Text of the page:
Choosing the Right Hiking Boot
Early winter snow is already on the ground, but there’s still plenty of time for some late season hiking. Choosing the right footwear for your hike is the key to your enjoyment and to your foot health.
Your selection of footwear should be geared to your level of activity and the type of terrain in which you’re hiking. Are you looking for a hiking shoe for your daily dog walk on the trail in your neighborhood? Are you venturing out for a longer day hike to one of our beautiful high mountain lakes? Are you a doing a multi-day backpacking trip into the wilderness? Or are you checking off your most recent fourteener? Hiking shoes and boots come in variety of styles. Depending on where you’re going and the weather you’re heading into will determine the best boot for you.
Trail Shoes/Trail Running Shoes: These types of shoes are typically low cut, with more flexibility, and are lighter weight than hiking boots. Some of these shoes may look similar to a low cut version of your typical hiking boot or to your running shoe but with a more rugged sole and upper. While they don’t offer as much support or protection as a hiking boot, this style of shoe may be appropriate for hikes on well-defined trails or when venturing out without a heavy load on your back. Some experienced hikers prefer this style of shoe for long distances because of the lighter weight. If you choose this style of shoe for rugged terrain make sure you’ve put in the time beforehand to strengthen your feet, ankles, and legs.
Day Hiking Boots: In general, a hiking boot will offer more support and protection than a shoe. Day hikers will range from mid-cut to high-cut boots that come up to or above your ankles. Some of these boots will basically be a taller version of your hiking shoe or trail runner, still offering lighter weight and more flexibility than other boots. Many boots in this category will be made with a firmer sole and more supportive upper materials to provide additional protection. If you’re heading into rougher terrain or carrying a light to moderately heavy pack, a day hiker may be your best selection. A beginning or infrequent hiker with less-developed muscles, or someone prone rolling their ankles, may find that a higher top boot like this is a good option as well.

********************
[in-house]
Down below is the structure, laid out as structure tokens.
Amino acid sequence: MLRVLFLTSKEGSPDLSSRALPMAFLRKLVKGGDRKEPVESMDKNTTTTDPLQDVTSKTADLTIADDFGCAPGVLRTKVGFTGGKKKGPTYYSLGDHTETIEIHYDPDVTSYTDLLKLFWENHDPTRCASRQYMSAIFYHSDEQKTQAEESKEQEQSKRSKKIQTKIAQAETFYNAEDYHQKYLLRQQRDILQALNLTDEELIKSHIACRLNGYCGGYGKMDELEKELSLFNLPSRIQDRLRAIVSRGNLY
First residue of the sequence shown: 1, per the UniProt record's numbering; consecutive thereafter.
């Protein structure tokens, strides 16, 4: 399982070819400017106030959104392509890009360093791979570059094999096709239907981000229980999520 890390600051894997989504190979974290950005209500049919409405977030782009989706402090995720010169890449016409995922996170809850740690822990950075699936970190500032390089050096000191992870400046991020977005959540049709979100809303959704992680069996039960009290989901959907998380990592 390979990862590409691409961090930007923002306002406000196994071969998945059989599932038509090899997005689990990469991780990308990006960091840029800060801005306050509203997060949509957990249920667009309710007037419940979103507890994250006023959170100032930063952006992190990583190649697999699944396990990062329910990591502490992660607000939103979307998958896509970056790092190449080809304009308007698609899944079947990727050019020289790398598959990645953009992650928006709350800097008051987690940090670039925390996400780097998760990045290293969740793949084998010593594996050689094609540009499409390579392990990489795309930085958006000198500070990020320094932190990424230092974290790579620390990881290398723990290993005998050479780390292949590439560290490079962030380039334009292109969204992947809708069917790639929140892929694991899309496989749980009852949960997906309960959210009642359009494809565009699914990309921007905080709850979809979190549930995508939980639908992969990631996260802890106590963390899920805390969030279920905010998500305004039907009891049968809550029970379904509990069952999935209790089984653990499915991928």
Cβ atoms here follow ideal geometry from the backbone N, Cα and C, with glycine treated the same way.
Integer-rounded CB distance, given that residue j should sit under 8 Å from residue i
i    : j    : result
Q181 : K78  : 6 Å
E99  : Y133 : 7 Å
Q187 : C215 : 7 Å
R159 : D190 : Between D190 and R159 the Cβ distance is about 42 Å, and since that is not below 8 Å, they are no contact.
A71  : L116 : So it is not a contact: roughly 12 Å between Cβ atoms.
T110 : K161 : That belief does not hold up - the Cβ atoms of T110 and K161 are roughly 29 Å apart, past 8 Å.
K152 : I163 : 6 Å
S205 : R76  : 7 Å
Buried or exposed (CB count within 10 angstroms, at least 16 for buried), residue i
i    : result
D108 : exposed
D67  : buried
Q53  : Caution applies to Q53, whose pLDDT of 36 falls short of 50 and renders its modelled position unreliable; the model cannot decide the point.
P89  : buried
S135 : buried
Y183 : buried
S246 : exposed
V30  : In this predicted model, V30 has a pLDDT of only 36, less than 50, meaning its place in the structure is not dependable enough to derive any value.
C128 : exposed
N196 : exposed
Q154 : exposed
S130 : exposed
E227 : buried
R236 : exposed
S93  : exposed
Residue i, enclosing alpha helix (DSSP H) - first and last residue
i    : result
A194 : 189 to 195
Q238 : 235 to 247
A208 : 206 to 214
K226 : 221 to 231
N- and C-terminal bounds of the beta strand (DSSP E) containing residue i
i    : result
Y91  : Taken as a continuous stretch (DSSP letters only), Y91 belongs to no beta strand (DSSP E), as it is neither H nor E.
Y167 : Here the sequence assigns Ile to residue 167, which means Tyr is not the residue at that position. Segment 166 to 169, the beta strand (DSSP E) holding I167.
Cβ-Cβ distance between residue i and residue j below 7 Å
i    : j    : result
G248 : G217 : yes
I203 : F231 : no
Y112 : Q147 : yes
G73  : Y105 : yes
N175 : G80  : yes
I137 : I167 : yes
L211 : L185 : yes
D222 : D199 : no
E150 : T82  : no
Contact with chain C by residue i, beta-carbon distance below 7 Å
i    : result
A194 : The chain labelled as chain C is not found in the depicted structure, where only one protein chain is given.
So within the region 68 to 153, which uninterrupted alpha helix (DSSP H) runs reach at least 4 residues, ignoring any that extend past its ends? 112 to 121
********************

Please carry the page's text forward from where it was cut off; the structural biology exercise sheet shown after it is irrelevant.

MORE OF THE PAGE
Backpacking Boots: If you’re heading into the backcountry for a long, multi-day trip with a heavy pack, a backpacking boot is essential. Usually taller and stiffer than traditional hiking boots, backpacking boots are built sturdy to withstand any terrain and any weather. The outsole and tread are thicker and more rugged, but with this comes a slightly heavier boot. These boots can take some time to get used to the weight and to break in, so make sure to plan ahead if you’re purchasing new boots before you tackle the Colorado Trail next summer.
Mountaineering Boots: The apex in hiking boots (yes, pun intended) is the mountaineering boot. These boots are built for the most extreme conditions in alpine terrain and are stiffer, taller, and more insulated than other boots. Mountaineering boots are often built with removable liners and are specially designed to accommodate crampons for ice climbing and trekking on frozen surfaces. If Everest is on your bucket list, a mountaineering boot should be on your shopping list.
Get the Best Fit
After you’ve decided what type of hiking boot you need, it’s time to try some boots on so that you can get the best fit. Tips for your best fit include:
- Shop for shoes and boots at the end of the day. Our feet tend to swell and get slightly larger throughout the day, so trying on shoes later in the afternoon or evening will help you avoid getting shoes that feel great in the store, but awful when you get home.
- Try on your hiking boots with the socks that you’ll be hiking in. These days, many styles of hiking socks are made with additional padding for certain areas of your foot. This additional padding and the thickness of your socks in general will affect boot fit.
- Take your orthotics with you. If you wear custom foot orthotics or other specialty insoles, try boots on with these as they will definitely affect the fit.
- If you can, shop at a store with an experienced fitter. When shopping for athletic footwear, fit is the most important criteria in selecting a shoe. Have your foot measured using a shoe scale called a Brannock device – measure heel to toe, heel to ball, and ball width. The measured number is a starting point – comfort is the goal. Place your foot in the boot with the laces undone and slide your foot forward until your toes touch the end. You should be able to place a finger behind your heel inside the boot. If not, the boot is too short.
- Try the boot on… and walk in it! You’re looking for a snug fit, but not too tight. You should be able to wiggle your toes a bit. As you stride, you should not feel your heel slipping or toes pinching. If there is an incline ramp available, take advantage of this to make sure your heel is secure going uphill and your foot does not slide forward heading downhill.
Get the right boot and the right fit and get out there for a hike. If you do experience a problem with your feet or ankles, don’t hesitate to contact us. Eagle-Summit Foot & Ankle is ready to provide the care you need. You can contact us by calling our Avon, CO location at (970) 949-0500 or our Frisco location at (970) 668-4565. You can also use our online form to schedule your appointment at either of our Colorado offices.